Ice Cream/Frozen Desserts

The Seductive Snack You Can Make With Just Rice Krispies & Sugar

August 21, 2017

A group of us at Food52 were recently discussing the number one visual cue of a good Rice Krispies treat. (Totally normal day.)

The answer was nearly unanimous (3... 2... 1... say it with us... strings of marshmallow goo!)—except for one straggler, who somehow believed that squareness is the signal of a successful R.K.T. (Squareness? Really?)

The point of the story being, R.K.T. are—to most of us, anyway—all about the soft chewiness that results when marshmallows melt into a sticky glob that velvets every grain of cereal.

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Now I wouldn't dare call into question the greatness of the Rice Krispies Treat (I'm not trying to get panned in the comments section). But sometimes—do I venture to say most of the time?—I long for my Rice Krispies to be more like themselves: I want more snap. I want more crackle. And you better believe I want more pop. But please, keep that added sugar—we're making dessert, after all.

The great thinkers in dessert—Pierre Hermé, Dorie Greenspan, Dana Cree—have espoused an easy method to make Rice Krispies crunchy, complex, and irresistible. And all with just a bit of sugar and water.

It's hard to keep your hands off this stuff.
Dorie Greenspan

Here's how it goes: Make a basic caramel (sugar moistened with just a touch of water); as soon as the sugar starts to change color, remove the pan from the heat, add the Rice Krispies and stir until the syrup disappears. Now return the pan to the heat and stir carefully, without stopping, until every Krispie is a deep golden caramel. It should take only three minutes or so.

After you spread the sticky cereal across a parchment-lined baking sheet and allow it to cool, each grain will be coated in a sheen of caramel with a complex sweetness that just verges on bitter. The broken-up bits are almost like caramel corn, but even crunchier; almost like brittle, but lighter; and almost like candied nuts, but more buoyant. They're seductive, they're snackable, and they give Rice Krispies Treats a run for their money.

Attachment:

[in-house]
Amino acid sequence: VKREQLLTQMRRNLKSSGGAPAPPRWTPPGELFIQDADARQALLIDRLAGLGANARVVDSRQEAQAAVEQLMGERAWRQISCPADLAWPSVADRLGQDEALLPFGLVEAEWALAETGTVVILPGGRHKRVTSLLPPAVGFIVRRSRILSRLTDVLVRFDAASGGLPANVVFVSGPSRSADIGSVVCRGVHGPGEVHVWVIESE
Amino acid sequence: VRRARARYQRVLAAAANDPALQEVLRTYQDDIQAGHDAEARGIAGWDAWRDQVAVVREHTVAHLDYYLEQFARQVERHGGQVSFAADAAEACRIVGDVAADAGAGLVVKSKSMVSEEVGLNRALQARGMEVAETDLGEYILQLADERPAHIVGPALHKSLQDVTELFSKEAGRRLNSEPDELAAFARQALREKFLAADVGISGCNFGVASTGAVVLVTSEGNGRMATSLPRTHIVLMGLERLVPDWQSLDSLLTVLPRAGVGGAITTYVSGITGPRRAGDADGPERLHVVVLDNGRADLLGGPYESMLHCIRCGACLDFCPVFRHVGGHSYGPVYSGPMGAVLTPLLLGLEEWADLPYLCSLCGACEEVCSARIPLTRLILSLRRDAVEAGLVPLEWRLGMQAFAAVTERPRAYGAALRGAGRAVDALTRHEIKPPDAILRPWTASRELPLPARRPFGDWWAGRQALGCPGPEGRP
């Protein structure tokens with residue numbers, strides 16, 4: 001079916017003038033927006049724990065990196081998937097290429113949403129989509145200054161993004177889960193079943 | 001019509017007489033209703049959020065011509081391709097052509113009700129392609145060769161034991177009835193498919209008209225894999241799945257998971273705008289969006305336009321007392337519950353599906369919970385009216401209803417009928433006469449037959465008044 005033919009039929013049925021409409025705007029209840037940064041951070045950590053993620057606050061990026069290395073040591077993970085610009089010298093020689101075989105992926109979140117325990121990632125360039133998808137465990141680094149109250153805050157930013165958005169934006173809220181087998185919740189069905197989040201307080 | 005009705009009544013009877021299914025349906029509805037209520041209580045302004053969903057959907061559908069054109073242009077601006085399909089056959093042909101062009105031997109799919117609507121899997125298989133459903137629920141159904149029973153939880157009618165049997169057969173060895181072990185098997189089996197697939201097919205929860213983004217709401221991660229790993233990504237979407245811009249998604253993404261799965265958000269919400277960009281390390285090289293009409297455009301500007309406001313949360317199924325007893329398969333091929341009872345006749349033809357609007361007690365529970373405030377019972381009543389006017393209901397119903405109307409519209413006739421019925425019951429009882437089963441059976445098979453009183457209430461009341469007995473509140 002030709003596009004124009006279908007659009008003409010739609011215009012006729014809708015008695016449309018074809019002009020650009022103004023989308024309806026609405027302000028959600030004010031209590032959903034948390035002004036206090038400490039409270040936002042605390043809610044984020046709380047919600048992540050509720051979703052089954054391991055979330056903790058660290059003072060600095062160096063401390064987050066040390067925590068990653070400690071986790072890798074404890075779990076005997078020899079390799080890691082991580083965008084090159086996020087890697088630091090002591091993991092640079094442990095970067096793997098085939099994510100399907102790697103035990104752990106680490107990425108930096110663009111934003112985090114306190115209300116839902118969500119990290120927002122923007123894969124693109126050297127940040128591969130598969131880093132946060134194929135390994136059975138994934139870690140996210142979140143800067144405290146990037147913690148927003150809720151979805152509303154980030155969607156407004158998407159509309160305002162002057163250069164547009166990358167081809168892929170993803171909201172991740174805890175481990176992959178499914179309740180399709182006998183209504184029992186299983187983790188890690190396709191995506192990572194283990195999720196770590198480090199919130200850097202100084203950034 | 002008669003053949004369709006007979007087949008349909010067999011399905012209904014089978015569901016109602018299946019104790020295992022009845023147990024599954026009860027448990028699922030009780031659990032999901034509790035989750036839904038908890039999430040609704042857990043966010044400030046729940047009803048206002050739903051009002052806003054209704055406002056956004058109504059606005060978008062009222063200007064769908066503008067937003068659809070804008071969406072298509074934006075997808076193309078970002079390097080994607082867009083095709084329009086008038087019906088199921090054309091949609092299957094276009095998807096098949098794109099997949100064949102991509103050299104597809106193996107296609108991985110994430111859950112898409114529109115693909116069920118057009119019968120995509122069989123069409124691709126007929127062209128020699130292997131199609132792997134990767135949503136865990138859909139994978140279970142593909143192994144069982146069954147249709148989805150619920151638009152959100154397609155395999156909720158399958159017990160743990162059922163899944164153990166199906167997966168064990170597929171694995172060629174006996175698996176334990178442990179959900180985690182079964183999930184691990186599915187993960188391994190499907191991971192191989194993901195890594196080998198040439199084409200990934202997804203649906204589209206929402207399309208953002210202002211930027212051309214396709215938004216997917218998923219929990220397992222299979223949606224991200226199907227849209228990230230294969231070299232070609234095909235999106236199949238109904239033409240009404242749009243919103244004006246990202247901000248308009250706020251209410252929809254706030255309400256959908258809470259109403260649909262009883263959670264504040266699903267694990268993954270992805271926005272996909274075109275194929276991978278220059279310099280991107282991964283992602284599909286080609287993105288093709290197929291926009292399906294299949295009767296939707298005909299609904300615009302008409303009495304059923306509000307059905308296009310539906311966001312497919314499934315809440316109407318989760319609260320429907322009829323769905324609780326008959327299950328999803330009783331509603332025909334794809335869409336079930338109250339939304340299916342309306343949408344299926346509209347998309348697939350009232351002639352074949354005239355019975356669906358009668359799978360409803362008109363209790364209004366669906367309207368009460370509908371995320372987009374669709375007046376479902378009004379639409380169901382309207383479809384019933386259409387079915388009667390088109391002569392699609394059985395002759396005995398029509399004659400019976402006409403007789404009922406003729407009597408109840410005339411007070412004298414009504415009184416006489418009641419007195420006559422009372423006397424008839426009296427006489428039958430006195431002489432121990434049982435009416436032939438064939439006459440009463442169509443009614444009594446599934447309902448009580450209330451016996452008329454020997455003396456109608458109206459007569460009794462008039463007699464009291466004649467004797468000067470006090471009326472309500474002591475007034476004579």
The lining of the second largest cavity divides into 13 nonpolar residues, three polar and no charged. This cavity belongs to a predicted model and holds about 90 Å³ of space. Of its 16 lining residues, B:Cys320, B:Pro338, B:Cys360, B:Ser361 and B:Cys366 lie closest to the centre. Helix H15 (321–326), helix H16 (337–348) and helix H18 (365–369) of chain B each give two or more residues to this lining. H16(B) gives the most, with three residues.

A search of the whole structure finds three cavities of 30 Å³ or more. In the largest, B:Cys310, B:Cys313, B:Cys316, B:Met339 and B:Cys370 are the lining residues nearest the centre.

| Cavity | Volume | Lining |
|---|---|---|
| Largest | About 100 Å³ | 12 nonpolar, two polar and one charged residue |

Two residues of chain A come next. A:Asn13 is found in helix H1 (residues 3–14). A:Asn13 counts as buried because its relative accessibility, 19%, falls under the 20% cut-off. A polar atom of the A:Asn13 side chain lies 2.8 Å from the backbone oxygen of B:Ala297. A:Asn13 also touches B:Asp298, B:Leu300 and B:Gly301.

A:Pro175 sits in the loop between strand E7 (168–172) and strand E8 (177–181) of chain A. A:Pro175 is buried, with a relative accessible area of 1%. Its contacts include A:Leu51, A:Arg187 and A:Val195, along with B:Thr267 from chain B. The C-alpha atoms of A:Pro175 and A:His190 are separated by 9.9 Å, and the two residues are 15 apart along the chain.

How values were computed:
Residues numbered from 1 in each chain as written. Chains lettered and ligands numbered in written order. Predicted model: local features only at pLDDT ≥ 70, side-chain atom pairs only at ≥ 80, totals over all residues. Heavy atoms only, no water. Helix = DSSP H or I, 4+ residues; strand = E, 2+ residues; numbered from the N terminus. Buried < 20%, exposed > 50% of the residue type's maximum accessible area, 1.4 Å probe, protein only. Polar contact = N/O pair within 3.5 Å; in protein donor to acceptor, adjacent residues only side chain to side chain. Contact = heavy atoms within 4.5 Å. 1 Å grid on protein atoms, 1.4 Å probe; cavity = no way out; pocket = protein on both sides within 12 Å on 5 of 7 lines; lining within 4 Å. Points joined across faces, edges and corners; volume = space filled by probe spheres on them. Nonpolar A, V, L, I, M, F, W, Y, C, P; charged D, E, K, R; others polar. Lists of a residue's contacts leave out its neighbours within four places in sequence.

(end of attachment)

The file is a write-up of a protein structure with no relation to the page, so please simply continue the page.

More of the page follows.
Cocoa Krispies (left) and Rice Krispies (right). Photo by Julia Gartland

In Hello, My Name is Ice Cream, Dana Cree writes that you can expand the technique to all sorts of pantry items: nuts, seeds, other sorts of cereals. (My mind immediately jumped to Fruity Pebbles, but the other editors here gave that idea the axe. Try it and fill me in, won't you?)

In terms of what to do with them, Dorie uses her caramelized Rice Krispies to top the Crispy Topped Brown Sugar Bars (a thin layer of chewy cookie spread with melted bittersweet chocolate) in Baking Chez Moi, and you can be as ambitious:

  • Sprinkle them over ice cream (or fold them into the base itself) or just-baked blondies
  • Fling them over pudding, mousse, or semifreddo
  • Use them to crown a cream pie
  • Layer them into a trifle or parfait
  • Pour milk over them and eat them like, well, Rice Krispies
  • Smush them between cake layers when you're looking for a crunchy nut-free option
  • No one is stopping you from adding a handful (or two!) of caramelized Cocoa Krispies to your next tiramisuno one!
"I'm waiting for you." Photo by Julia Gartland

I cannot honestly say I have consumed my caramel-Krispies in any of these creative forms. My stash lives in a quart container in the freezer (where Dana says it should last for about a month—but I'll push my luck), so that I can munch on it by the handful.

It's cold and supremely crunchy. I won't say I have not eaten it with yogurt for breakfast. Oh, and I still have the lion's share of my Rice Krispies box left. That means there's enough cereal to make those good old Rice Krispies Treats, too.


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What's your favorite cereal-based dessert? Tell us in the comments below!

2 Comments

Kris August 21, 2017
https://food52.com/recipes/14844-caramelized-crispy-rice-bark or you could make the original version of this from several years ago.
 
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Sarah J. August 21, 2017
Oh yes!! This was before my time at Food52 (can't believe I hadn't seen it!), but it looks like a great recipe (and I love the headnotes!). Thanks for pointing it out.